Want New Home Windows? Consider This First
Every homeowner has a reason to consider installing new windows. New windows make your home quieter, more attractive, and less drafty. Modern windows boost your home’s curb appeal (without the need for paint) and protect the furnishings inside your home, all with lower maintenance than old windows with combination screens and storm windows.
Built for maximum energy efficiency, new home windows reduce your carbon footprint, save you money on your electric bill, and boost your home’s resale value—giving homeowners just like you a large return on your investment. From performance and warranty to safety and quality—here’s what to consider before you upgrade your home windows.
Installation method: new construction vs. retro-fit.
New construction windows.
Also known as full frame windows, new construction windows are the go-to choice for contractors building new homes and new home additions. The more labor intensive process—which demands first removing the house trim, interior window casing, and frame—costs more to install. However, with the studs of the home exposed, you get the advantage of installing the window directly onto the frame.
New construction windows are also a good option for a home remodeling project. Contractors remove the exterior materials around the window, expose the studs, and install the window. Full frame windows custom-designed to fit your home’s exact specifications also leave plenty of room for creativity in window size and shape.
Also known as replacement windows, retro-fit windows enable contractors to swap out windows without disturbing the trim, siding, and window frames. Measured to fit inside the old window, the new window replaces the actual window itself. A good idea for a quick, low-budget home improvement project, the process saves time and labor costs, giving homeowners all the same benefits of new home windows.
Double-pane windows may seem the same when you compare glass and gas fill. However, energy efficient windows vary by their degrees of performance. Some windows block and keep out more solar heat while others let in more natural sunlight. Some windows better prevent air from passing through small joints and cracks while others better resist condensation, water buildup, and fogging.
Manufacturers build every window size and configuration with a separate, unique Energy Star rating. A contractor can give you a range of windows to sample based on degree of performance. Selecting the right windows for your home can make a huge difference to your energy bills. High-quality windows installed by a qualified professional can cut your heating and cooling costs by 25 to 50 percent or more.
Landscaping and architecture.
Beyond Energy Star rating, your home’s energy efficiency and utility bills also depend on how light and heat enter your home. For example, in a home with large windows on the south side, with no eaves, overhangs, or trees blocking the sun, energy efficient windows can significantly reduce cooling costs in the summer.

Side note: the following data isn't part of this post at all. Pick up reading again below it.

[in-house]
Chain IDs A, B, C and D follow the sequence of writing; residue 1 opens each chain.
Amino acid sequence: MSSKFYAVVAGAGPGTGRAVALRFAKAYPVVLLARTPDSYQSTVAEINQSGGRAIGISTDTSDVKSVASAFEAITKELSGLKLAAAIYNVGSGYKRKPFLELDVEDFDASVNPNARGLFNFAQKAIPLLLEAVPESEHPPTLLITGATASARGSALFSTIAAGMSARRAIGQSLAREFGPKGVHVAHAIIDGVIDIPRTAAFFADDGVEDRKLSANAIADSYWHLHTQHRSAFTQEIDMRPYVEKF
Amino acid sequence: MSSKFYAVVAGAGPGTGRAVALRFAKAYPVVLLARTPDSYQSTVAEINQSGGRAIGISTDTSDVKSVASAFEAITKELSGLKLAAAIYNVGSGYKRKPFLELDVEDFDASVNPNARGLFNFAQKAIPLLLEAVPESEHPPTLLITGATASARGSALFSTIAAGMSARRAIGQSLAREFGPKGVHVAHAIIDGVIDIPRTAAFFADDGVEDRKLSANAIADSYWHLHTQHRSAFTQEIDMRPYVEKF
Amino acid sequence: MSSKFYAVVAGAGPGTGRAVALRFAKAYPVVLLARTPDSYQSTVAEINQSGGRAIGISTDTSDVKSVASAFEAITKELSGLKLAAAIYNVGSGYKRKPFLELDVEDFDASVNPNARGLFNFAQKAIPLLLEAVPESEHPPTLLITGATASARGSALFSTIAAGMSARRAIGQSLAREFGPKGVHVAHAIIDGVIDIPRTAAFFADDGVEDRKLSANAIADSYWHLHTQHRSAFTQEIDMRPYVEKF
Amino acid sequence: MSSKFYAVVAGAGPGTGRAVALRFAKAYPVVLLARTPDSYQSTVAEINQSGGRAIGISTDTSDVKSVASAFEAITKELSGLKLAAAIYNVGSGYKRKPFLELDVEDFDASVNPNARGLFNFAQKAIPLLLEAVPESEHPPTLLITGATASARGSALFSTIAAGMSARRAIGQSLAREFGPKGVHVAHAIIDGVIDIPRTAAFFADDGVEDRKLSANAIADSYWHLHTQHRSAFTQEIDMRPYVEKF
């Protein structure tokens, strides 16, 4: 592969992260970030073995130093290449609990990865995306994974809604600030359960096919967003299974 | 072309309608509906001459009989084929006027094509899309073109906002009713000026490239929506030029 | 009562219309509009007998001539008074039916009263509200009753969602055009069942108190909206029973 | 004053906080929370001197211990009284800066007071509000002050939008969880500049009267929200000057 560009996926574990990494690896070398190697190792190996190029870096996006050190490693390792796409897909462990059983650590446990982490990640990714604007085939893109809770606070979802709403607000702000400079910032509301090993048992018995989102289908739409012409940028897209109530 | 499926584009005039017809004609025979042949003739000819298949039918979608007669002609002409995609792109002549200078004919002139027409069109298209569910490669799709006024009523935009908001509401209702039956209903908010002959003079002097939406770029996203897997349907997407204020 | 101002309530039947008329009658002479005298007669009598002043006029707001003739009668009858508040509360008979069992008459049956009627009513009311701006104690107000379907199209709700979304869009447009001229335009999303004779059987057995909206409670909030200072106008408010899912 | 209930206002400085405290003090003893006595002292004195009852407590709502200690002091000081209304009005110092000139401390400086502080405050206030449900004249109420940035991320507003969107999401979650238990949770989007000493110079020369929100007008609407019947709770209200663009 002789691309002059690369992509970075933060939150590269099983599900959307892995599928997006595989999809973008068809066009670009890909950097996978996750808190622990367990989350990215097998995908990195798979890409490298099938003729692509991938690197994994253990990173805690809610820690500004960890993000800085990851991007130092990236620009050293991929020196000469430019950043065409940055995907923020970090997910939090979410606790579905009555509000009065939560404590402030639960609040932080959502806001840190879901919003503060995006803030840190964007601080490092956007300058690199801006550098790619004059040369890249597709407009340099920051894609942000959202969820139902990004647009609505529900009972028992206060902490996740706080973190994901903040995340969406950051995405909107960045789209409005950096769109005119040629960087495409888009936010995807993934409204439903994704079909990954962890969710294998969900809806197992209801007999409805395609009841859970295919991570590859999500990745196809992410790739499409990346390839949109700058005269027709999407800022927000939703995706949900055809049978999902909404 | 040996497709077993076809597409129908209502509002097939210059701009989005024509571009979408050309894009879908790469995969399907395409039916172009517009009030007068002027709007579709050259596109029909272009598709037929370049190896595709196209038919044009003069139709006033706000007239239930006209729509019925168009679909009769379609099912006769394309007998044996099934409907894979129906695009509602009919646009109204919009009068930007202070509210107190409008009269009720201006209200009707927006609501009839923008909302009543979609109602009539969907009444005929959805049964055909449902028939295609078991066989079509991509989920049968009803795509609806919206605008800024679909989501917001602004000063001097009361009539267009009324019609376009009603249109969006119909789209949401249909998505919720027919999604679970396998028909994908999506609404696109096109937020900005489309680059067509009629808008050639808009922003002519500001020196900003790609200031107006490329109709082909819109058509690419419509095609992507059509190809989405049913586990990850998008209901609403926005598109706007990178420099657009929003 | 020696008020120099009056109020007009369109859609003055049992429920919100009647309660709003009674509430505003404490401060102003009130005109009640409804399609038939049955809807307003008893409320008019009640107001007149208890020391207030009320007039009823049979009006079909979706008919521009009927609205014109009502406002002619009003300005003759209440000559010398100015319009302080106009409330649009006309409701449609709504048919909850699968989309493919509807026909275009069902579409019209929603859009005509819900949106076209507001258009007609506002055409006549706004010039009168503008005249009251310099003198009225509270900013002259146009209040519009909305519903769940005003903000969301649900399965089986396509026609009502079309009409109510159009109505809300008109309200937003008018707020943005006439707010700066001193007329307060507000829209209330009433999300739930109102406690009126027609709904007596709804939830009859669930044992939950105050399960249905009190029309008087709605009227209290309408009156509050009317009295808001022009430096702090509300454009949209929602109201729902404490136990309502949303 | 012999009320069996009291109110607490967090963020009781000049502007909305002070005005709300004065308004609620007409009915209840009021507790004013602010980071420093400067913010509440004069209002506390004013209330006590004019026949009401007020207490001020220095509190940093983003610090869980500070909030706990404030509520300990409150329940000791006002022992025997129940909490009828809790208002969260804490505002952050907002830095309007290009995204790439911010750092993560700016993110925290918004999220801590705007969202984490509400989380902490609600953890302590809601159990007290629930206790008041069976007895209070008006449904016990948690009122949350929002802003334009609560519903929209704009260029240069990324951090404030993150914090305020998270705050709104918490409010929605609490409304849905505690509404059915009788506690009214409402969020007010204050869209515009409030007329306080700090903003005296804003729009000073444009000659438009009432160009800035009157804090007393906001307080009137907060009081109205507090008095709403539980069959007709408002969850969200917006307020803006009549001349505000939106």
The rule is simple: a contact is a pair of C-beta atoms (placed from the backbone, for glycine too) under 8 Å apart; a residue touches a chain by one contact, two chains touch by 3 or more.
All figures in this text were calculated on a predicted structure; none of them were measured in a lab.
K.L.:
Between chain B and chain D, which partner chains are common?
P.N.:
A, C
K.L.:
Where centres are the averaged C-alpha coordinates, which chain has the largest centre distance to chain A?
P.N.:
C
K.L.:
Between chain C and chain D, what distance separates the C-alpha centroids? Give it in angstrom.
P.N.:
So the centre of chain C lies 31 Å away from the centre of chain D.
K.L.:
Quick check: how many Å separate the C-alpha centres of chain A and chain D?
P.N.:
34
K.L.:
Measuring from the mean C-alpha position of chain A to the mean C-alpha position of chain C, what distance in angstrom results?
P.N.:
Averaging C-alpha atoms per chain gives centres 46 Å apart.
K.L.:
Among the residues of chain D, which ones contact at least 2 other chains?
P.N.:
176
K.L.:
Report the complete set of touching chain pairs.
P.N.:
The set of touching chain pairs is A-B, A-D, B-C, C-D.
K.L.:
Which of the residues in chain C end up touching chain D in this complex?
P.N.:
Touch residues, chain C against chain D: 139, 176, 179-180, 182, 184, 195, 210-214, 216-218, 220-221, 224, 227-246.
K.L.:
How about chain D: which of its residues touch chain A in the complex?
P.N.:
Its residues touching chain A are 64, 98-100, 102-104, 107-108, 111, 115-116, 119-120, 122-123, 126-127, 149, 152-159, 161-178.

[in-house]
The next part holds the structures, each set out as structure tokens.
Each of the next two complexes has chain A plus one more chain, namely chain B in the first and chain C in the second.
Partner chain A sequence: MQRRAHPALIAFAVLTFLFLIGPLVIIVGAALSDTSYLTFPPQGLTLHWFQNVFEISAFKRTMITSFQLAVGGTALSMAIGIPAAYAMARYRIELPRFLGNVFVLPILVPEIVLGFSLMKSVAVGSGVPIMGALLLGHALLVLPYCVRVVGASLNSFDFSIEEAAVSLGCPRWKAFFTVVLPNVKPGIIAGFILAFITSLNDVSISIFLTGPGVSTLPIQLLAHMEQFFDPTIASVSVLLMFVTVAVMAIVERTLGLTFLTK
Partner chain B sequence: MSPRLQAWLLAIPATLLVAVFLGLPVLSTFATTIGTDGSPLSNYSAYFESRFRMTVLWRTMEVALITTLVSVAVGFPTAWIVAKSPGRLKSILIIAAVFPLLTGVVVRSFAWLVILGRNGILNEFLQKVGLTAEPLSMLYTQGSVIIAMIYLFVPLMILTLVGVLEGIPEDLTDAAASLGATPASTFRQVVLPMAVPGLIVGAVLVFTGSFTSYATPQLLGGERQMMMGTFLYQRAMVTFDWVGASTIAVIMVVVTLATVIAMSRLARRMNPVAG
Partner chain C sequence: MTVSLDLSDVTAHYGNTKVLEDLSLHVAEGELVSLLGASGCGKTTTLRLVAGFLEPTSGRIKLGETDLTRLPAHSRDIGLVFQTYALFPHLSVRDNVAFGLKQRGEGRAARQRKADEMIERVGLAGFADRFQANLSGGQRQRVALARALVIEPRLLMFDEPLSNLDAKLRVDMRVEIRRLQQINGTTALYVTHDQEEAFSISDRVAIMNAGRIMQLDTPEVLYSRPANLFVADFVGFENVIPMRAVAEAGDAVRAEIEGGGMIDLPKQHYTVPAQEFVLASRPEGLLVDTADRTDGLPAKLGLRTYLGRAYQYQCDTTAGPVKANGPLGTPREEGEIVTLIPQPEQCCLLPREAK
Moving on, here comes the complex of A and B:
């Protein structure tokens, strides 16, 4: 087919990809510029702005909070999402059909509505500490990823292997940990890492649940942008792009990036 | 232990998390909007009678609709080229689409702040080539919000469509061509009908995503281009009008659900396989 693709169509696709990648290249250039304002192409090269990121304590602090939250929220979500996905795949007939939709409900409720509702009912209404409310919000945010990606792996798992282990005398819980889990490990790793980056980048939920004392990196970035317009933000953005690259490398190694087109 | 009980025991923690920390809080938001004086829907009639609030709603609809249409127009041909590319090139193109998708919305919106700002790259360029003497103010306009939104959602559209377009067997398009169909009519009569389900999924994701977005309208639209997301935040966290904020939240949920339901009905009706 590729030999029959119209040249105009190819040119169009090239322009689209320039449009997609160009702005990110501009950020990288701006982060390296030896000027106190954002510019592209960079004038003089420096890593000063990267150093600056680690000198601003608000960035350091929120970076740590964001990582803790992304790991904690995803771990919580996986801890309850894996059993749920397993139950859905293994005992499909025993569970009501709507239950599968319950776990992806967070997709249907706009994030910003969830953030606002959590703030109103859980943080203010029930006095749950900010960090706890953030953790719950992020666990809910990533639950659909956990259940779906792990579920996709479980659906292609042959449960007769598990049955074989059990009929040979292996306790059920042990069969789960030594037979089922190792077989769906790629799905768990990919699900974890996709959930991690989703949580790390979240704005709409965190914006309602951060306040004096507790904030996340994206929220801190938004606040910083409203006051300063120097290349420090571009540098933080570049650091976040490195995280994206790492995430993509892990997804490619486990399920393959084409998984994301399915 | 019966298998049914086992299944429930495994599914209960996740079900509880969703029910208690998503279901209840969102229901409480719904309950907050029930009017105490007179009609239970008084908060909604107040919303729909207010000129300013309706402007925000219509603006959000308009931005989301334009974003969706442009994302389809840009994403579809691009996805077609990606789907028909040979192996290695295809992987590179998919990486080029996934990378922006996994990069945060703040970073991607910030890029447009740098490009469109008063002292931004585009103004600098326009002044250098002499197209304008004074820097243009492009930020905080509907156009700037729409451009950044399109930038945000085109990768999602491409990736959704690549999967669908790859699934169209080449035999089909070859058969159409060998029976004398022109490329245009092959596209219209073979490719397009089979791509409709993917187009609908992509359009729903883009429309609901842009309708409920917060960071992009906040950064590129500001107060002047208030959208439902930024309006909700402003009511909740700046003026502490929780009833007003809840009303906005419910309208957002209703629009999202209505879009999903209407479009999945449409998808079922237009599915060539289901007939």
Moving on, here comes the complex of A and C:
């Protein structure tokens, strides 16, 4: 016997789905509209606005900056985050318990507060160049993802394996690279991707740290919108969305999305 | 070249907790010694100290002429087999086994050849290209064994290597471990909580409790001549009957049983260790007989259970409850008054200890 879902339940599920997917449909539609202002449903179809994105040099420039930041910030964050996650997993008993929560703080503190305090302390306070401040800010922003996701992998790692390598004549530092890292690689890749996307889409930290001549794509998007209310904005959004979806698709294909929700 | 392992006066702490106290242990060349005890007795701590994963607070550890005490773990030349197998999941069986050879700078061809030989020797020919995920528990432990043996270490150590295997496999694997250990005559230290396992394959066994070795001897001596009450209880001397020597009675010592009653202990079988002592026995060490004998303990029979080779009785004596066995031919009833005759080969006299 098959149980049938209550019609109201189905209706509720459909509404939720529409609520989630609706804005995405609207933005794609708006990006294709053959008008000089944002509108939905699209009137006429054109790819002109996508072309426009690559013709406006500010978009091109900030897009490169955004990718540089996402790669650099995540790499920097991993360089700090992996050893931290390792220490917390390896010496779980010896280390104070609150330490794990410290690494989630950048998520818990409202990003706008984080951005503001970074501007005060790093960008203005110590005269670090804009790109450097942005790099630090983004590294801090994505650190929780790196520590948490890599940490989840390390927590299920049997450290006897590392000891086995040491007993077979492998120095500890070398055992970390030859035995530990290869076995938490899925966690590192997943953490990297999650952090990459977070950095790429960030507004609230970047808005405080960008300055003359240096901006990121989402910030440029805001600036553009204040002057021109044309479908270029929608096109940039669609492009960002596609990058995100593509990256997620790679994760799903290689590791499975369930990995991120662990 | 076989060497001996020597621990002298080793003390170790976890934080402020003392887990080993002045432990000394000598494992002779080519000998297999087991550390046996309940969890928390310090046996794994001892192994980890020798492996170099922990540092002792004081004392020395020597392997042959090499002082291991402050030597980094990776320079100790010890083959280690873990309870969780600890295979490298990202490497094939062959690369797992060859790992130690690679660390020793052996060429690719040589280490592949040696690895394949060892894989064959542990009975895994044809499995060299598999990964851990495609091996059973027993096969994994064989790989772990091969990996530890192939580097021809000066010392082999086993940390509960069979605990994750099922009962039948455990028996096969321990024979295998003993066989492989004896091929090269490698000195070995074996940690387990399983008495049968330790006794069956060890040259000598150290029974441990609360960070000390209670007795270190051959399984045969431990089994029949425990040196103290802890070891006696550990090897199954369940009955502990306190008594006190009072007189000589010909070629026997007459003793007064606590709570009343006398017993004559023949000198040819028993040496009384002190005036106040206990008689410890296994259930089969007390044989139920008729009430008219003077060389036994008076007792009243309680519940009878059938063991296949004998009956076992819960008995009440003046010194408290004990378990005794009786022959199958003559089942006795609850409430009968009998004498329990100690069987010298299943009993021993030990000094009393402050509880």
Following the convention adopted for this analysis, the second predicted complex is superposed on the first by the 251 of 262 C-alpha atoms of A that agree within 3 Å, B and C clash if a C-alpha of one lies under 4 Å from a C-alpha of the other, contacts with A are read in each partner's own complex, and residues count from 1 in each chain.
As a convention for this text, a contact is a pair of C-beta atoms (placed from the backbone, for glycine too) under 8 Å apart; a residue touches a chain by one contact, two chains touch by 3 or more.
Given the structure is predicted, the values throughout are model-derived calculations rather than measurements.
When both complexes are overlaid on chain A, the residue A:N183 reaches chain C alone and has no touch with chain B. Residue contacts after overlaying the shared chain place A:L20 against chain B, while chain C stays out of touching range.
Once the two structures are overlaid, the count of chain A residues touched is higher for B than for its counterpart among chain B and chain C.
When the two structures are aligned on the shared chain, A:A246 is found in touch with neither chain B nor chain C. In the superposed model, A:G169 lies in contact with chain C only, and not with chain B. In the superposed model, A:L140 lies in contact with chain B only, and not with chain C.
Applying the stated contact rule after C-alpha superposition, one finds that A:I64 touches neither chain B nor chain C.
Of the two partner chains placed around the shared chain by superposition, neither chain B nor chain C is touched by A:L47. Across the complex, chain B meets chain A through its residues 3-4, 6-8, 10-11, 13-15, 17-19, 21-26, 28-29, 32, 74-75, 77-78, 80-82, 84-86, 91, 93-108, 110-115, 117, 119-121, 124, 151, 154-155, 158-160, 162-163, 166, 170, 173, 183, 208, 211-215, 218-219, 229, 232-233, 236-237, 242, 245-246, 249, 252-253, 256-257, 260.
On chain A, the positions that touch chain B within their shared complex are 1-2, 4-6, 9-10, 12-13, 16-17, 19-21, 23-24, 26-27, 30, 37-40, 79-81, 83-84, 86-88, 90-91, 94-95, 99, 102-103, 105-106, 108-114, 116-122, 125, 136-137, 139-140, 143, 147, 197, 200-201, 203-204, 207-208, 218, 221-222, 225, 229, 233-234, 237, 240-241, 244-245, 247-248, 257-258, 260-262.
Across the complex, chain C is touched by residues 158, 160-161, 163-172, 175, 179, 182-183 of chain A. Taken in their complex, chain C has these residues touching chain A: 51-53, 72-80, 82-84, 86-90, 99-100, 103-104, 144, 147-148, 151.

In a home with dining room windows on the west side, where the setting sun shines in at the end of the day, energy efficient windows can make family dinners more comfortable. The same windows can also help block UV rays and prevent carpets, floors, and pictures from fading. However, expect less of an impact if a porch, deck, patio, or overhang already protects your home from the sun.
Most new home windows come with a lifetime warranty. However, the term “lifetime” means something different from one manufacturer to another.
For example, one manufacturer might define a lifetime as ten years while another considers it twenty-five or even fifty years. Some lifetime warranties cover replacement parts but not the labor while others cover accidental glass or screen breakage.
The bottom line: a warranty is only as good as the company behind it. Hiring a contractor you can trust protects your investment and gives you peace of mind.
Quality and performance.
The National Fenestration Rating Council (NFRC)—the only independent rating and labeling system for the energy performance of windows, doors, skylights, and attachment products—distinguishes the difference between high and low-quality windows. However, homeowners can gauge overall quality by a number of factors.
High-quality windows feature metal lock components made from highly durable stainless steel that fit together well without rusting. The aesthetic enhancement of matching colors on all components often pairs with the performance enhancement of heat-welded joints, which function better than windows with sashes and frames mechanically fastened and held together by screws, brackets, and caulk.
Single-hung, floor-to-ceiling windows on the top floor of a two-story home create a safety hazard for young children. The safer, double-hung window featuring a top sash that operates up and down lets air in without the danger. Windows close to the floor made without tempered glass and older windows not up to code can also put your family at risk. Windows unable to lock or function properly also make your home vulnerable to break-ins.
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